Hey, how about $$ for bike cops to escort kids to skool? Naaaaaaaaaaah.
Palo Alto bicycle culture
Bay Area bike commuters
The guy with the masi is styling. I'm jealous. I might have to reconsider my riding apparel.
I sometimes wear 'business casual' slacks like this guy, but rolled up halfway to my knees, partially to keep the chain grease off but mostly to show off my Sock Guy socks I usually wear ;-)
I think I'd like to meet Emily too!
I like the basket on Emily's bike. It is nice how it tapers a bit at the top. Probably keeps the contents nice and secure.
Mass market fixed gear bike
Sounds like he's one of the "invisible riders" liek Bicycling magazine's article described (almost made3 me subscribe, I tell ya)... CICLE snagged it at http://www.cicle.org/cicle_content/pivot/entry.php?id=809 tho' sometimes linking doesn't work (but if you google cicle and then do "invisible" search on their site, and look for "L.A.'s invisible riders" you'll find the article).
It's worth reading regular-like for that perspective. When it came out it was discussed and some people did some eyerolling about how those eople would buy cars if theyy could - which is still viewing it through "those people" lenses because my guess is there isn't a lot of time wasted on thinking "if I could, I'd get a car" (especially if licenses would have their own legal problems).
Fixies just kinda befuddle me. Since I can only engage my brain in one thing at a time, one-ness with a machine is an impossible dream...
You're right, Sue. I've long recognized that Latinos probably make up the majority of cyclists in America; I got the Denver area Bike To Work team to begin Spanish-language outreach, and the Silicon Valley Bicycle Coalition is now thinking about Spanish language outreach after I suggested it. I have the print edition of Bicycling -- it's a good article.
Most Latinos, however, don't ride fixed gear bikes. Many seem to ride discount store bikes or ancient 10-speeds recycled via the perpetual garage sales in Latino neighborhoods. The bike-riding Latinos I talk with view cycling as a poor-person activity and plan to buy a car ASAP because that's what you do when you have money.
Right now our bike coop ( www.thebikeproject.org ) is sort of trying to figure out whether discount store bicycles are worth working on or not. We've got both the poor-folks contingent and the very-temporarily and/or not-very-poor student contingent here that are looking for something cheaper than the bike shops, so it will be interesting to see which way the wind blows. One proposal has been to turn the discount bikes into fixies. (Local constabularies seem to be willing to send the coop their abandoned/confiscated bicycles after the wait period, most of which are "junk.")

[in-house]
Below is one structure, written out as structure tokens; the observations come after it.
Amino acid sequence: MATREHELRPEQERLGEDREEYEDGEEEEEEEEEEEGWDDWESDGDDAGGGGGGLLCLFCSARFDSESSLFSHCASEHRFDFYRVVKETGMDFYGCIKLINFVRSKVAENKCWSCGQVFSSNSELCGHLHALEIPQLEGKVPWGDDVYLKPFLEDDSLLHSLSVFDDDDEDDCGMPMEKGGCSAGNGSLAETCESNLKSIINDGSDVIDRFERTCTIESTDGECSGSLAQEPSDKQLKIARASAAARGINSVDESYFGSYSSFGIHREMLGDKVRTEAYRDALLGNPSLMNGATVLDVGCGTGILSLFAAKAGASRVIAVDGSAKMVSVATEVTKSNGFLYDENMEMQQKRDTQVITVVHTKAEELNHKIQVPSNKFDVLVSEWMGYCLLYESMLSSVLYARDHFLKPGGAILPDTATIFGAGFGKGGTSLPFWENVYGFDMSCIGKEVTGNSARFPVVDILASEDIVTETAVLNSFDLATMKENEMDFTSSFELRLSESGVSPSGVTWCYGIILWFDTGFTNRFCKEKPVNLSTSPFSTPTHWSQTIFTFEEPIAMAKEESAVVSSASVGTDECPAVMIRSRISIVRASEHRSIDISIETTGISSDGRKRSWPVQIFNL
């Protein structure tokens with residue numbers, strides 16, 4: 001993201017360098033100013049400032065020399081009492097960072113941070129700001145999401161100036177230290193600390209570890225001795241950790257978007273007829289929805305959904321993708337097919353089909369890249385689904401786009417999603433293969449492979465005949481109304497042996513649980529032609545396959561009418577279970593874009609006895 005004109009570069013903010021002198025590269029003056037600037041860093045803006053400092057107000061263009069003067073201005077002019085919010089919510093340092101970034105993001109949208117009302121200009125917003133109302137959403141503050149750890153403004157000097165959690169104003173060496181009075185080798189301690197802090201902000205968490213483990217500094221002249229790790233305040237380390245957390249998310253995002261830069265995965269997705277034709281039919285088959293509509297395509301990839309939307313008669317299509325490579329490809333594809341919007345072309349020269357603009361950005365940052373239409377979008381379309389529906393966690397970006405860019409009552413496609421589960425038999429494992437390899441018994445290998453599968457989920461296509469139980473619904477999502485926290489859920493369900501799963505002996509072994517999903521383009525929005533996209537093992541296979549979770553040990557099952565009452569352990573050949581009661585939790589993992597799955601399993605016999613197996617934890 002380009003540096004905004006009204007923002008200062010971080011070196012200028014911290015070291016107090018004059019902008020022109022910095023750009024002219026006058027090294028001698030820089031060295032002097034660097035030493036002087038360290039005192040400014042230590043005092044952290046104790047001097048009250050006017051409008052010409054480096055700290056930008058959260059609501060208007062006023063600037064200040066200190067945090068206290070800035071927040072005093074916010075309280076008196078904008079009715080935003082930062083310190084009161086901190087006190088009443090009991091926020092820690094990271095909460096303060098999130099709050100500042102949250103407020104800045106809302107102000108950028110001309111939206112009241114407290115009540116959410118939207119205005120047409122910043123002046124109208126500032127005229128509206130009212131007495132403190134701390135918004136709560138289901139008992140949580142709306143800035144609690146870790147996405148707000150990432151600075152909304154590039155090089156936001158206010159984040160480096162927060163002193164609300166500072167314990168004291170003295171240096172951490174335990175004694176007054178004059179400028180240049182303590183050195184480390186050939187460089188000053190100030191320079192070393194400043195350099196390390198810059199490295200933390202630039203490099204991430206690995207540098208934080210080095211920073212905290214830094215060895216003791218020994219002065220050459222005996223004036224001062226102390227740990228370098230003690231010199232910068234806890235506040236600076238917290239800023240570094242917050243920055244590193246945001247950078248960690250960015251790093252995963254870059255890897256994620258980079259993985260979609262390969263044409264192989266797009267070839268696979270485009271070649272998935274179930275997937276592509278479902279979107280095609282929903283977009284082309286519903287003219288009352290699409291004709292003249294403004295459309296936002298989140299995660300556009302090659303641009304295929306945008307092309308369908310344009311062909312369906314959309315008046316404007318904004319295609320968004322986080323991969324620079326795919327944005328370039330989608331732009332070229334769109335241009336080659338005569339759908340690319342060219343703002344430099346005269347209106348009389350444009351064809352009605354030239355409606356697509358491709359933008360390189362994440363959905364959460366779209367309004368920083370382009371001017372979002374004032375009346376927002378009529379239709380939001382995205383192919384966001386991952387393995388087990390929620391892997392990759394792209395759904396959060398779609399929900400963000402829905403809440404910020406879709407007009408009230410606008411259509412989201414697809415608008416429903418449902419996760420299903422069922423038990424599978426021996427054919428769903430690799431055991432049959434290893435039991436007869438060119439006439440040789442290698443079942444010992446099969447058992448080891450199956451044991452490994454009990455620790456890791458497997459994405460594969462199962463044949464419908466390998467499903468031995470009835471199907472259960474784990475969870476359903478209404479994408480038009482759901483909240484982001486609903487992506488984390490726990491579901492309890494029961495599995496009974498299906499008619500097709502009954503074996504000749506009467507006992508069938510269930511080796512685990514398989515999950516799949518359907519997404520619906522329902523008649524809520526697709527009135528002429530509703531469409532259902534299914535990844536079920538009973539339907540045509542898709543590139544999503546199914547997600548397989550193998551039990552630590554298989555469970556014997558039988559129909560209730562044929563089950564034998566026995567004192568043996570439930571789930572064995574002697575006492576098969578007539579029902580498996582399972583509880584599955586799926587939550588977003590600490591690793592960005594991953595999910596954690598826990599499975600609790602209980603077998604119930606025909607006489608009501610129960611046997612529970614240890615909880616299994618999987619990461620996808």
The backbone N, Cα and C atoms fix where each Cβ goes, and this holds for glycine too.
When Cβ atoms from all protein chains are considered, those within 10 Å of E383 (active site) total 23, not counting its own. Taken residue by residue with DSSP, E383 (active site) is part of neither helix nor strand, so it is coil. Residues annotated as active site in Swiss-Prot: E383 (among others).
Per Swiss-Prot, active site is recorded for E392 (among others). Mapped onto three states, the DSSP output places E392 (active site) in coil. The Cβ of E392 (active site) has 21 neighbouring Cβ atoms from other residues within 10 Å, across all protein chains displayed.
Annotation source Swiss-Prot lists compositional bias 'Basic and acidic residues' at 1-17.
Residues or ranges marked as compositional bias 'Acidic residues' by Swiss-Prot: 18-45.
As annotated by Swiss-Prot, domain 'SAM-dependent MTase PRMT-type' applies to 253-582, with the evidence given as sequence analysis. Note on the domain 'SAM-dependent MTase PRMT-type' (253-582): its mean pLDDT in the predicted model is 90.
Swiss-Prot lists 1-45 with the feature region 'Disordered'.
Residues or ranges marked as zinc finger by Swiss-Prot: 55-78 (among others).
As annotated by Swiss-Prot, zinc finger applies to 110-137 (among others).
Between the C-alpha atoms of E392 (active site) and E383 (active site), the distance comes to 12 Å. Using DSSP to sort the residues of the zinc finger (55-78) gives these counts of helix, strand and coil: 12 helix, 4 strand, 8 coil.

Caltrain nixes WiFi
Bummer! Well, I'm not feeling so bad about signing that 2 year Sprint EVDO contract. Sprint EVDO mostly works OK for my Caltrain commute between SF and Mt View.
Transit General Manager drives to work
Imagine that...! I'm not surprised - but it does give a chuckle! He could also join the Ultramarathon Cycling association and get some really nice long commutes in. ;)
Mass transit and alternative commuting is for us poor unimportant folk.
Public transit is for everybody ;-) The CEO of Mattson Technology commutes by bike and train to commute from Tracy and Fremont. Mattson is a $500 million company that designs and manufactures silicon fabrication equipment. Other notable local bike commuters include Webcor CEO Andy Ball, Brocade Networks CEO Mike Klayko, Palm CEO Ed Colligan, IBM VP Mike Dean, Lockheed Martin VP Len Kwiatkowski and Specialized Bicycles CEO Mike Sinyard.
Santa Clara County Supervisor has also become a regular bike commuter this year and even blogged about his experience. He's become a rather vocal proponent of bicycle as transportation this year.
Chris, your blogger profile is "blocked" -- I can't view it. Can you point to a website that says who you are? Thanks!
I am pretty sure that Chris' comment was in jest. Still, I like that list of prominent bike commuters. Very interesting.
It is true that most people assume anyone who uses an alternative to the automobile does so strictly for financial reasons. It reminds me of when my son was in first grade. A neighbor kid told him that he must be poor because of the fact that his Dad rode a bike to work and his Mom walked him to school. My son pointed out to the kid that we lived in similar houses in the same neighborhood, so family must be poor too. I guess he could have been defensive and pointed out that we own 2 cars (we shouldn’t) but I like the explanation he chose much better.
Henry Cowell State Park mountain biking
Bay Area bicycle news
Caltrain bicycle survey
Useless ride stats
Santa Cruz: Wireless internet possible on the Highway 17 Express
Real news on Critical Mass
WHAT? Still NO Santa?! Unbelieveable.
2007 Sea Otter Class videos
San Francisco Police to enforce cyclist sidewalk prohibition
Caltrain fare increase
San Francisco to require bike rentals at bus shelters
Oh those SanFran happy campers are at it again, eh?
I am just trying to get Tulsa Transit to re-design the bus shelters to protect patrons, NOT the landscaping.
Most bus shelters expose waiting patrons to traffic noise, spray from tires slicing through curb-side water, and other unplesantries from moving traffic.
King County Transit, WA has a nifty idea: rotate the conventional bus shelter 180 degrees. DUH. What will they think of next?
I believe that Toronto has a similar program of bike share as you will find a small reference to in this post from Lauren's site.
I'll add this -- sad press about the Toronto Bike Share program.
Yep. Looks good on paper. But, if the market rejects it, it's TOAST. Say, how about try bike parking at the bus shelters?